If you are the kind of guy who reads Design News, we can predict with certainty that nanotechnology will not help you beat Tiger Woods—ever. But it may soon help improve your handicap.
Engineers working on golf equipment see nanotech as a way to fine-tune stiffness, strength, and weight in ways that influence the energy transfer between club and ball as well as the path taken by the ball as it flies down the fairway. Some of these efforts focus on the club itself, but nanotech has also started to turn up in golf balls.
One such design comes from Nanodynamics Inc., whose patented NDMX ball features a large hollow metal core. In the first commercial version of the ball, this core is surrounded by a layer of elastomer and a thermoplastic cover, usually an ionomer. The company has also created two-layer ball designs with just the metal core and plastic cover. "In theory, you could even have a hollow metal sphere be the entire ball," notes Doug DuFaux, a director at Nanodynamics.
Regardless of how many layers, nanotechnology comes into play in the core. Nanodynamics has applied its expertise in thermal and mechanical processing to reduce the grain size of the proprietary metal alloys it uses for the core. DuFaux says these nanostructured metals have grain sizes as small as 50 nm, with the actual size depending on which of several materials the company uses.
Nanodynamics’ first commercial ball will be a three-layer design comprised of a hollow-metal sphere, a layer of elastomer, and a thermoplastic cover. Two-layer balls made up of just the metal and plastic cover may work too.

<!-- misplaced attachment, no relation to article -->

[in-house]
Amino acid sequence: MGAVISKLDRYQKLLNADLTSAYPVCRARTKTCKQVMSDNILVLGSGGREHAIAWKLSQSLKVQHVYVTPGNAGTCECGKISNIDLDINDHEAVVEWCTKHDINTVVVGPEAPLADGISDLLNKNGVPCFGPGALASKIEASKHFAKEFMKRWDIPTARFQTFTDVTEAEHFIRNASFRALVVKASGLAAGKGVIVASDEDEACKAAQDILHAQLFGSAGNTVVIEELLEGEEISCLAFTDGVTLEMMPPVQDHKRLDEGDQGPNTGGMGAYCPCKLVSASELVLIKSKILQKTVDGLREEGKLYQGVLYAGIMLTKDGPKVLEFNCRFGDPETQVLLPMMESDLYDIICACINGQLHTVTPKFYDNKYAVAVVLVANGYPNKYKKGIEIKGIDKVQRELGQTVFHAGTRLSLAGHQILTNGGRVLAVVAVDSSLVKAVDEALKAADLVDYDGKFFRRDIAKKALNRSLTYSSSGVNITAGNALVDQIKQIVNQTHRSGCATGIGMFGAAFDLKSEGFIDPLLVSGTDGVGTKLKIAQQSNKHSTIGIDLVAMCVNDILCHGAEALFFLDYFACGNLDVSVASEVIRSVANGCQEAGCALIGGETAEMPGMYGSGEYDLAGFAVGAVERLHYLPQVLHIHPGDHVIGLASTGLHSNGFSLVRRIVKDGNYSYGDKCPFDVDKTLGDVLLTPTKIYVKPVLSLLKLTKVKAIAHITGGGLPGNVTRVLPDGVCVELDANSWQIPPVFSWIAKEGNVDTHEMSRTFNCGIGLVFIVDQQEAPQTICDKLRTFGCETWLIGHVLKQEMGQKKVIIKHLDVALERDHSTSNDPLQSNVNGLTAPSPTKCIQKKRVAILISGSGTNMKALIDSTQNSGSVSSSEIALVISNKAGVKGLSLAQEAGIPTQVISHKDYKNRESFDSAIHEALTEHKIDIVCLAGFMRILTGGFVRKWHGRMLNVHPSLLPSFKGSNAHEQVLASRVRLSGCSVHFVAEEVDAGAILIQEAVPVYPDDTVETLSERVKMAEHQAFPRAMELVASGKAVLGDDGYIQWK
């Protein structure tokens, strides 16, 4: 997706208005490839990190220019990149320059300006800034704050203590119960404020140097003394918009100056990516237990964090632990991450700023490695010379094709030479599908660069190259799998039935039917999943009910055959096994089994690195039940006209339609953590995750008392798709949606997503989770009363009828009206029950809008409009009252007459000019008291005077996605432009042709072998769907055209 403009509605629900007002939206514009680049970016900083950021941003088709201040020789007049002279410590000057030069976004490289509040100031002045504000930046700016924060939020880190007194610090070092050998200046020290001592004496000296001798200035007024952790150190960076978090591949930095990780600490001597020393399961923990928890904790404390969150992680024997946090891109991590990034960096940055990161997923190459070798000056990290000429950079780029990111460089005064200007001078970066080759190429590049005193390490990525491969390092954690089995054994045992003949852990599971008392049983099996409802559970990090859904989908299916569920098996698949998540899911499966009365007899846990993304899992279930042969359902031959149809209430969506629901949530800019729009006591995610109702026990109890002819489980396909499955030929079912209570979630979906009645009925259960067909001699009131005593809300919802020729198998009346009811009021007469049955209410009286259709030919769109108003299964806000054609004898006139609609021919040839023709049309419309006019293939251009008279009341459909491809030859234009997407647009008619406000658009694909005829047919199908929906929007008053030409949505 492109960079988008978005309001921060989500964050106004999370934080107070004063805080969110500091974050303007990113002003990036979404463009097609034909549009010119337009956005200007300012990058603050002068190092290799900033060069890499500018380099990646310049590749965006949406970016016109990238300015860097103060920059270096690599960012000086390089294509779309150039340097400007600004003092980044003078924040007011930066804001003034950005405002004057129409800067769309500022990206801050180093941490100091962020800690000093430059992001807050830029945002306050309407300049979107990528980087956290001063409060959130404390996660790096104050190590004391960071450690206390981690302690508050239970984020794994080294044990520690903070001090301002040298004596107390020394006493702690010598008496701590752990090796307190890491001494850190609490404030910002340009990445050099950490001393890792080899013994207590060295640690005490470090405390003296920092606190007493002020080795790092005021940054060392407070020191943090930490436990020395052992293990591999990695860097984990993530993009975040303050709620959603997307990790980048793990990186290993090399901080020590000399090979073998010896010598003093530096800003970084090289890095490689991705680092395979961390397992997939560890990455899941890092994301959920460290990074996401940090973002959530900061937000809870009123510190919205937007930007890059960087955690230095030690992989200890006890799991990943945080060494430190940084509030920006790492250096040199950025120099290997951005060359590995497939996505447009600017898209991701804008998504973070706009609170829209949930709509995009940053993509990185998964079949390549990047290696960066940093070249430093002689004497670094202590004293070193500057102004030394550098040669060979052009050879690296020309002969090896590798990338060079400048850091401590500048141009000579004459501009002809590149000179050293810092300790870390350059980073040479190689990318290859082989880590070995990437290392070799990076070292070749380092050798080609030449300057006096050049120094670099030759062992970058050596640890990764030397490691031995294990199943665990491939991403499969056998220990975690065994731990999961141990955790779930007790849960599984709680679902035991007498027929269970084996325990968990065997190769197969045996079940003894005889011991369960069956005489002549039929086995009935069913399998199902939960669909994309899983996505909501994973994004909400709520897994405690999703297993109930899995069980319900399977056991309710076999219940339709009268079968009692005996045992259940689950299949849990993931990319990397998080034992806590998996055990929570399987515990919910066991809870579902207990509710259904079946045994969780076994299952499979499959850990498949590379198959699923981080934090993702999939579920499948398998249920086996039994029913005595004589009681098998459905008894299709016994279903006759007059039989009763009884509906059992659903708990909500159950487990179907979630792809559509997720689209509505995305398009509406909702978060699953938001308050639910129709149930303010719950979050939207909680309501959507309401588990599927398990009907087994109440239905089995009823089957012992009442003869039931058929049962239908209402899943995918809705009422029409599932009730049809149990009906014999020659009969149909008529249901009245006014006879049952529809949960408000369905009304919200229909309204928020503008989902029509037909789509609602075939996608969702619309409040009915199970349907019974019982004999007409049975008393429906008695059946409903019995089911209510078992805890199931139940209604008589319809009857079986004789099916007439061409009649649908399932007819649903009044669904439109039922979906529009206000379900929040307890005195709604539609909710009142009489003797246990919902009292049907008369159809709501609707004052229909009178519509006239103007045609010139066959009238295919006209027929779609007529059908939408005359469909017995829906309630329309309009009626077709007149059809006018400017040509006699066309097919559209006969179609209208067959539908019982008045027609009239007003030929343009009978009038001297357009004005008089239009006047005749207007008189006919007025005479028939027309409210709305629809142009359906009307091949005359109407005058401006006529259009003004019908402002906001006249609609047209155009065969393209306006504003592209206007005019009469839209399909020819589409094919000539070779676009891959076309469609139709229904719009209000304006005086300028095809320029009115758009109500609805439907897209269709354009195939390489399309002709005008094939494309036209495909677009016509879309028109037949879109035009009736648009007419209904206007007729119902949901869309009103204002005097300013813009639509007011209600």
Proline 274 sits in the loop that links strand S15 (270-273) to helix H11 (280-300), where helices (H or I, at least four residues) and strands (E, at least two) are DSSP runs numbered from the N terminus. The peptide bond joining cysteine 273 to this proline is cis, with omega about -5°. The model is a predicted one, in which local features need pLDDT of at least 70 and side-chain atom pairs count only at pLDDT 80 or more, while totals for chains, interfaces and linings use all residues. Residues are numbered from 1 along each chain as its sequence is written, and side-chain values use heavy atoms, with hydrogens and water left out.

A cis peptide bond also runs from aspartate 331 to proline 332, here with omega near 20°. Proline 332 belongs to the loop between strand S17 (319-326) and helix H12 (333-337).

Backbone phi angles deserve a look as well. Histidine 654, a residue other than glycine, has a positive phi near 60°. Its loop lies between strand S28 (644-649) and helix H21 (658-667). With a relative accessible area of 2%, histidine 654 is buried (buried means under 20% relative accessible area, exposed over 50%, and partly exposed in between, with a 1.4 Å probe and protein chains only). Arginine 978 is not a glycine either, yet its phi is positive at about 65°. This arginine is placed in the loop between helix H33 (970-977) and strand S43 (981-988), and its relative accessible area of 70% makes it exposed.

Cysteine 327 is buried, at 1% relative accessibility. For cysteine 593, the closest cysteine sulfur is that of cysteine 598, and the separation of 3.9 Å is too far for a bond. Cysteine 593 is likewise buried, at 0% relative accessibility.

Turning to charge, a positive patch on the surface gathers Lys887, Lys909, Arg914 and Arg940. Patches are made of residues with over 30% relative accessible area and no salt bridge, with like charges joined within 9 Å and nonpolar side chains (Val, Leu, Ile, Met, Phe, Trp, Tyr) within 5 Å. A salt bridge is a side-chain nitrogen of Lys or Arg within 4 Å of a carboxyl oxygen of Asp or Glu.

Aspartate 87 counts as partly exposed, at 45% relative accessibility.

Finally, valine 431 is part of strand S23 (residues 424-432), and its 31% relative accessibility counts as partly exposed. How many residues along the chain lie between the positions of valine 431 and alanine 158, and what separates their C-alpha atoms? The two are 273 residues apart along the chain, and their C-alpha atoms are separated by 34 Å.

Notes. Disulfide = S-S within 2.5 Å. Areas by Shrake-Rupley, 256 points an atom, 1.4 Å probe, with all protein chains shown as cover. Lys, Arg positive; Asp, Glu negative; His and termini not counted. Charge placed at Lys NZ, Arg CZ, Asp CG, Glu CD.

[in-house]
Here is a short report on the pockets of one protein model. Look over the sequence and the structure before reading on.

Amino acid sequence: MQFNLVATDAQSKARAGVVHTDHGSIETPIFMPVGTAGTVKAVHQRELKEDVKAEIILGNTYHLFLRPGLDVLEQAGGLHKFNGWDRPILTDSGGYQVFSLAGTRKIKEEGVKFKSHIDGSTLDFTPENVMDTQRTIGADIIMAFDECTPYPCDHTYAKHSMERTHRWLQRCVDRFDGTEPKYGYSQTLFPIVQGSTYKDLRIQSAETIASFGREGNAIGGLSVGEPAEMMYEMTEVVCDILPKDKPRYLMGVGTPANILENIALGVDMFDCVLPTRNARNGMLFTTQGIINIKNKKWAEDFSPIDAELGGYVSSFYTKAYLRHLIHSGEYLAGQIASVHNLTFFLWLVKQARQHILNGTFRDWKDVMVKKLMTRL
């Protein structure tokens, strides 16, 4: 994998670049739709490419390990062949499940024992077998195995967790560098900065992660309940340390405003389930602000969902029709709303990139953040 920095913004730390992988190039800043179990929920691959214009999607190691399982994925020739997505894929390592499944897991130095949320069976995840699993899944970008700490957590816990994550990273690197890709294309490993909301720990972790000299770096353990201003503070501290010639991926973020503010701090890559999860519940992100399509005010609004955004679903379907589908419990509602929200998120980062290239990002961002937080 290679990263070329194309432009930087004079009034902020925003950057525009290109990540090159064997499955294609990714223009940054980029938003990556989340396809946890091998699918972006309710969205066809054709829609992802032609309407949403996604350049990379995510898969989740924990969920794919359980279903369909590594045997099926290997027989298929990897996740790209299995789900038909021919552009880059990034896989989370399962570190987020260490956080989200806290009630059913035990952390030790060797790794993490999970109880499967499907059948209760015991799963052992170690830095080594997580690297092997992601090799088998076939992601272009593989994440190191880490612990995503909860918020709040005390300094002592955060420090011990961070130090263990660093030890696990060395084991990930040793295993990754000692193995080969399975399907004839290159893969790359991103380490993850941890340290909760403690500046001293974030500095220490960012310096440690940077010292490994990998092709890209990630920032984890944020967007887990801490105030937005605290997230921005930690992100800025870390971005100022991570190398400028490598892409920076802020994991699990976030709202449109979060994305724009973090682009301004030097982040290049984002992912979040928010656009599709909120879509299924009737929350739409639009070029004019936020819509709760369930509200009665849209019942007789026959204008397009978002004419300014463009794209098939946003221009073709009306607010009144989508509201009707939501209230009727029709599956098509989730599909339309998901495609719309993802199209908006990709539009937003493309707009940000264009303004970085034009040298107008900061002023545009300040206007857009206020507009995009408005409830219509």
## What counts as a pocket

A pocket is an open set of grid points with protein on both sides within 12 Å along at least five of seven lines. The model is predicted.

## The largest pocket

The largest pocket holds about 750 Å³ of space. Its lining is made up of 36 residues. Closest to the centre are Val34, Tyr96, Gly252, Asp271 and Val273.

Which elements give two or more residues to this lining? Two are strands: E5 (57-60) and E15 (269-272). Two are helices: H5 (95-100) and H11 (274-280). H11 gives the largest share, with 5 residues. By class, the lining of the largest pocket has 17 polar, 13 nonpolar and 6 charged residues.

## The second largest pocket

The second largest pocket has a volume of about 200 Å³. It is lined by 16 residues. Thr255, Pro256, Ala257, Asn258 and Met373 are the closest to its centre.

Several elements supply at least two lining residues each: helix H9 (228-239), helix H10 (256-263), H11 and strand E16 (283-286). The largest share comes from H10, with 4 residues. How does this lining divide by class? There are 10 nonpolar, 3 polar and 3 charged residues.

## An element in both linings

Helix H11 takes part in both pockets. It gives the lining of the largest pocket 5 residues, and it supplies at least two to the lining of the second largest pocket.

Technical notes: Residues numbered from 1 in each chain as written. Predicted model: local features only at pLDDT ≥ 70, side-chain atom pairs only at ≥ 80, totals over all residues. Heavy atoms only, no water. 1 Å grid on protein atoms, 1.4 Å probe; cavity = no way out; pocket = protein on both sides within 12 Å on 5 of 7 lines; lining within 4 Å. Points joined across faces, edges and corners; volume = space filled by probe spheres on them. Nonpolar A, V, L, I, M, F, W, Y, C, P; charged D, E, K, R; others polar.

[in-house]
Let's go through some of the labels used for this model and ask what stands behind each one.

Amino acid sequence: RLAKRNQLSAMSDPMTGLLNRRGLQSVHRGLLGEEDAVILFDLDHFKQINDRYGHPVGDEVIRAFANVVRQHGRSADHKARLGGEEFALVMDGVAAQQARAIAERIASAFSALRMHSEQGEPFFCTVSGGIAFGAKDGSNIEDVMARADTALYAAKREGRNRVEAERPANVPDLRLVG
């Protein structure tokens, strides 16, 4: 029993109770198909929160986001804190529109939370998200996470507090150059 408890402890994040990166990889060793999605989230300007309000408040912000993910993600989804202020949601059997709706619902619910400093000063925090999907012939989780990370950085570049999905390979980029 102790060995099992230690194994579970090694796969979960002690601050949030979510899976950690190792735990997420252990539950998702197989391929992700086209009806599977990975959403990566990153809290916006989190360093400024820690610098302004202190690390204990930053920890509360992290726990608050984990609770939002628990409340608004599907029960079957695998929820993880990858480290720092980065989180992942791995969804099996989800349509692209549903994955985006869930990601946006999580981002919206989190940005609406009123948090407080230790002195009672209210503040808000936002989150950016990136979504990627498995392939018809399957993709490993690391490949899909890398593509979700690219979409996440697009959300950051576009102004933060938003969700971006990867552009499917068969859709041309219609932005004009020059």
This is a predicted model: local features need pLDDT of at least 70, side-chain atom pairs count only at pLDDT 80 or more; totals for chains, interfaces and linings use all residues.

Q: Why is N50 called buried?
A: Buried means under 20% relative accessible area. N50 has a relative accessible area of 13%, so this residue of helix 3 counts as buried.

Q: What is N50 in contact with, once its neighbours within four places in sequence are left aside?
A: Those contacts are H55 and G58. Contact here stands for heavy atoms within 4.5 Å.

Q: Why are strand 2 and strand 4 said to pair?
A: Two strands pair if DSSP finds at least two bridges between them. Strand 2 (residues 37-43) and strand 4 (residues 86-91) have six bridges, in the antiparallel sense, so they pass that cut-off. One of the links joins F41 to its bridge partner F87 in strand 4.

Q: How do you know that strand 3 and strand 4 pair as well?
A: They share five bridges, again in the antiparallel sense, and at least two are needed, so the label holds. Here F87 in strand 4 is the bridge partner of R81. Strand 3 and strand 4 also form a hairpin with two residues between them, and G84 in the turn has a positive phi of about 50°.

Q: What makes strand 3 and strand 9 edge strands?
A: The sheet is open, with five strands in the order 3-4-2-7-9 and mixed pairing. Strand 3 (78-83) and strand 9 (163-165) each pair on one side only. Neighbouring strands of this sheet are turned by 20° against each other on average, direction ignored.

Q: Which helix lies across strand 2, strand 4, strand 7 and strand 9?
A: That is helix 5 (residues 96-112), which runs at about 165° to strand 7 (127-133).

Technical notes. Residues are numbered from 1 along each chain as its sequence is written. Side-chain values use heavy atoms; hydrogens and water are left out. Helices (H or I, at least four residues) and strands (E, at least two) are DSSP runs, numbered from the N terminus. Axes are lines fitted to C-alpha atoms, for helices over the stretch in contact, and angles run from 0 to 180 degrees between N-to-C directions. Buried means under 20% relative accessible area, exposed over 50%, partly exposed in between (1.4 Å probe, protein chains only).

The upshot of reducing grain size from micron- to nano-scale is improved impact strength. "If you decrease grain size, hardness goes up and you lose ductility," DuFaux says. With golf balls, he continues, that's exactly the point since ductility results in less efficient energy transfer.
Once Nanodynamics engineers had a metal core that could hold up to the impact of the golf club—more than 2,000 lbs on average—they focused on influencing the balls flight. The hollow metal sphere allowed them to craft a ball that carries more of its mass further from its center of rotation, increasing the moment of inertia. The higher MOI, in turn, reduces the ball's spin rate.
By reducing the tendency to spin, a ball's sensitivity to off-axis strikes, which can cause hooks and slices, likewise diminishes, according to DuFaux. In general, he says, each one percent increase in MOI translates to a one percent increase in accuracy, and Nanodynamics has ball designs whose MOI is at least several percent higher than traditional balls.
DuFaux acknowledges that spin reduction is something of a balancing act: you want it low enough to ward off off-axis spin but not so low that the ball won't generate lift. To help preserve lift, Nanodynamics did have to tailor the dimple pattern of its ball to its specific spin characteristics.
So does the new ball deliver on its promises? It's too soon to tell. The first NDMX ball came out just last month. Until you get a crack at one, you may have to improve your game the old fashioned way—by working on your swing at the driving range.